For nearly 50 years, Fresno County leaders have dreamed of building their own city on a hill, in the foothills above Fresno and Clovis next to Millerton Lake.

After nearly a decade of litigation over the impacts of urban sprawl on air quality, yet another one of the several projects in this new growth area — Friant Ranch — hit its latest snag.

On Nov. 24, the Fifth District Court of Appeal affirmed an opinion by Judge Kristi Culver Kapetan of the Fresno County Superior Court that the developers need to redo their environmental impact report and seek a new approval from the Fresno County Board of Supervisors. This judgment came after a unanimous opinion by the California Supreme Court that the project’s air quality analysis was flawed.

The Friant Ranch project would eventually become a village of 9,000 people, with 2,500 homes and more than 250,000 square feet of commercial space. Most of the homes would be for seniors 55 years and older, with some homes set aside for workforce housing.

The ranch is owned by Assemblymember Frank Bigelow, R-O’Neals, and his family.

The water source for the new town of 9,000 people? Bigelow’s development group, Friant Ranch, L.P., purchased 2,000 acre-feet per year of Central Valley Project water stored in Millerton Lake from the Lower Tule River Irrigation District, headquartered in Tipton, in 2008.

But the key legal issue at hand is air quality, not water. According to the California Supreme Court, the project’s air quality analysis did not include data showing how — or at what concentration — the pollutants produced from the project would add to health issues for residents.

The pollutants from the project will come from expected car trips that residents of the development will make — southwest, down Friant Road, for about nine miles into Fresno — where hospitals, medical offices and other basic services are located. There is no public transit serving the Friant/Millerton area.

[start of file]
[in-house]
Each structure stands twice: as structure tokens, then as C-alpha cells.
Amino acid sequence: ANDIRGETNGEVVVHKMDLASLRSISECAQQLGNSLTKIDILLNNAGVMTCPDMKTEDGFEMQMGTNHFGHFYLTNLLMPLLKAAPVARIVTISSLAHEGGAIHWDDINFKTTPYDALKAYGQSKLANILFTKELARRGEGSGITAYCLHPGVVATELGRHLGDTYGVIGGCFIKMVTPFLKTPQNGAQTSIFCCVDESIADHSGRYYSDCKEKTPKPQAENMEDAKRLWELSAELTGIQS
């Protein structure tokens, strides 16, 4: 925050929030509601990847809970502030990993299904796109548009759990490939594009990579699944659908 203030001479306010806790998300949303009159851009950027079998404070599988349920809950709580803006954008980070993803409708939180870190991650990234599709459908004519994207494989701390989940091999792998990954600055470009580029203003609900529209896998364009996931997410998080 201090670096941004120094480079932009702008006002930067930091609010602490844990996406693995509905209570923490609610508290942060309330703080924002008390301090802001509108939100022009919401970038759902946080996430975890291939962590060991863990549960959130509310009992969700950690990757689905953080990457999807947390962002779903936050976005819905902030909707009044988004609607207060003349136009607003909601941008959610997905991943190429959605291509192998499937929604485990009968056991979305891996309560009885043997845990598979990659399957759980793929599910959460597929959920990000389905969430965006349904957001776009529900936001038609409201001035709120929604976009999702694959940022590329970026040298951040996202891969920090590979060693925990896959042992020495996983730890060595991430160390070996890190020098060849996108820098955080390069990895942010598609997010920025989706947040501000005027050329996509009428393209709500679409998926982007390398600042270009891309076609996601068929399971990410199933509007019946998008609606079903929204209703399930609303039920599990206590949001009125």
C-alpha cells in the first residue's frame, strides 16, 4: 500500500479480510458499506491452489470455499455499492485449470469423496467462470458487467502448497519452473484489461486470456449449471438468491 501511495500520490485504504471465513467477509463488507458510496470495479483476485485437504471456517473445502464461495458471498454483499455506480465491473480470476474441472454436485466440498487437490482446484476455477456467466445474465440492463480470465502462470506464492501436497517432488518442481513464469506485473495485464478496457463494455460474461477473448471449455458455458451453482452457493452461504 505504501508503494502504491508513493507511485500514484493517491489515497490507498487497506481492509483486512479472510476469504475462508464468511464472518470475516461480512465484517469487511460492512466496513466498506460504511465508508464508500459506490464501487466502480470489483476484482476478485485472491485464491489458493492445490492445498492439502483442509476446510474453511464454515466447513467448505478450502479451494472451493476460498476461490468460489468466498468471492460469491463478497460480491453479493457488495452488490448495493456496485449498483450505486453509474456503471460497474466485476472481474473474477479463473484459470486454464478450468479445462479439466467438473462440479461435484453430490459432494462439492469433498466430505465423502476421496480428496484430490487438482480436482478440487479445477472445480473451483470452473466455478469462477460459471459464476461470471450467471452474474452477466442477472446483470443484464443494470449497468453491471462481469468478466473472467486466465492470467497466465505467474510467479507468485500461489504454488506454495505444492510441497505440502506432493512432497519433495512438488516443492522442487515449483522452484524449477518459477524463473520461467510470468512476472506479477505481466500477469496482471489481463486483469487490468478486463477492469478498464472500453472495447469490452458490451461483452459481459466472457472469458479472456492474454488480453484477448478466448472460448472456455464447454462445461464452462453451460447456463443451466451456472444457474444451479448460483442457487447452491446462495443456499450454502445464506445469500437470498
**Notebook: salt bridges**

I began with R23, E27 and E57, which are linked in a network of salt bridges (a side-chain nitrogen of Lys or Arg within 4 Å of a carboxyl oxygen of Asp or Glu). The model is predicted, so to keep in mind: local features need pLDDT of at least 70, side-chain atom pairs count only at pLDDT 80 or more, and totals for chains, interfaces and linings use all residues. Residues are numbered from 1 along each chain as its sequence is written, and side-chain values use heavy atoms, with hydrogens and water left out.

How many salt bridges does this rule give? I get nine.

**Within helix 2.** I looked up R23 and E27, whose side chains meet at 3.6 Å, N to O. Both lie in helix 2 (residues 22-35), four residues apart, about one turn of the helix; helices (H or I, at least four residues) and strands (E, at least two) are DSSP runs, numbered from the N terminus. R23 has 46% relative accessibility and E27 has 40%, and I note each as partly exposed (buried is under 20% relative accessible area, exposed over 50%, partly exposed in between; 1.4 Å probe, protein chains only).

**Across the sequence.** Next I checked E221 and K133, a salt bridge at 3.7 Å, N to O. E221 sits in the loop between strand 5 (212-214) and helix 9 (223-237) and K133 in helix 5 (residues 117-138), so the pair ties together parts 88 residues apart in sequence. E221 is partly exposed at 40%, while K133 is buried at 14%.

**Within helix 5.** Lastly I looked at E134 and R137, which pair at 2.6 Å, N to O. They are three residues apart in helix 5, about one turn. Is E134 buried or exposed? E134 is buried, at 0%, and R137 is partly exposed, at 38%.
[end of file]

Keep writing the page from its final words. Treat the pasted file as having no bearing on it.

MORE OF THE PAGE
Residents in the San Joaquin Valley breathe some of the worst air in the country. A majority of the Valley’s air pollution comes from vehicles — and trucks, in particular.

In 2011, shortly after the Fresno County Board of Supervisors approved the Friant Ranch project and its environmental impact report, nonprofit groups — the Sierra Club, League of Women Voters, and Revive the San Joaquin — brought the lawsuit forward.

“Fresno County officials have been put on notice; they need to do a better job evaluating air quality impacts of development,” Radley Reep, a volunteer policy analyst with the League of Women Voters, said, applauding an opinion by Judge Donald R. Franson of the appellate court. “We’ll see if they rise to the occasion.”

The project’s proponents say they are not deterred by the most recent decision.

“We are 100% committed to moving forward,” Dennis Bacopulos, operations manager for Friant Ranch, L.P., said. “This [the Fifth District’s opinion] is a procedural decision.”

Bacopulos said that Friant Ranch, L.P. is working with Fresno County officials to develop a new air quality analysis, which, together with the rest of the environmental impact report, will be available for written public comments in early 2021. The Board of Supervisors could get the updated proposal by next summer.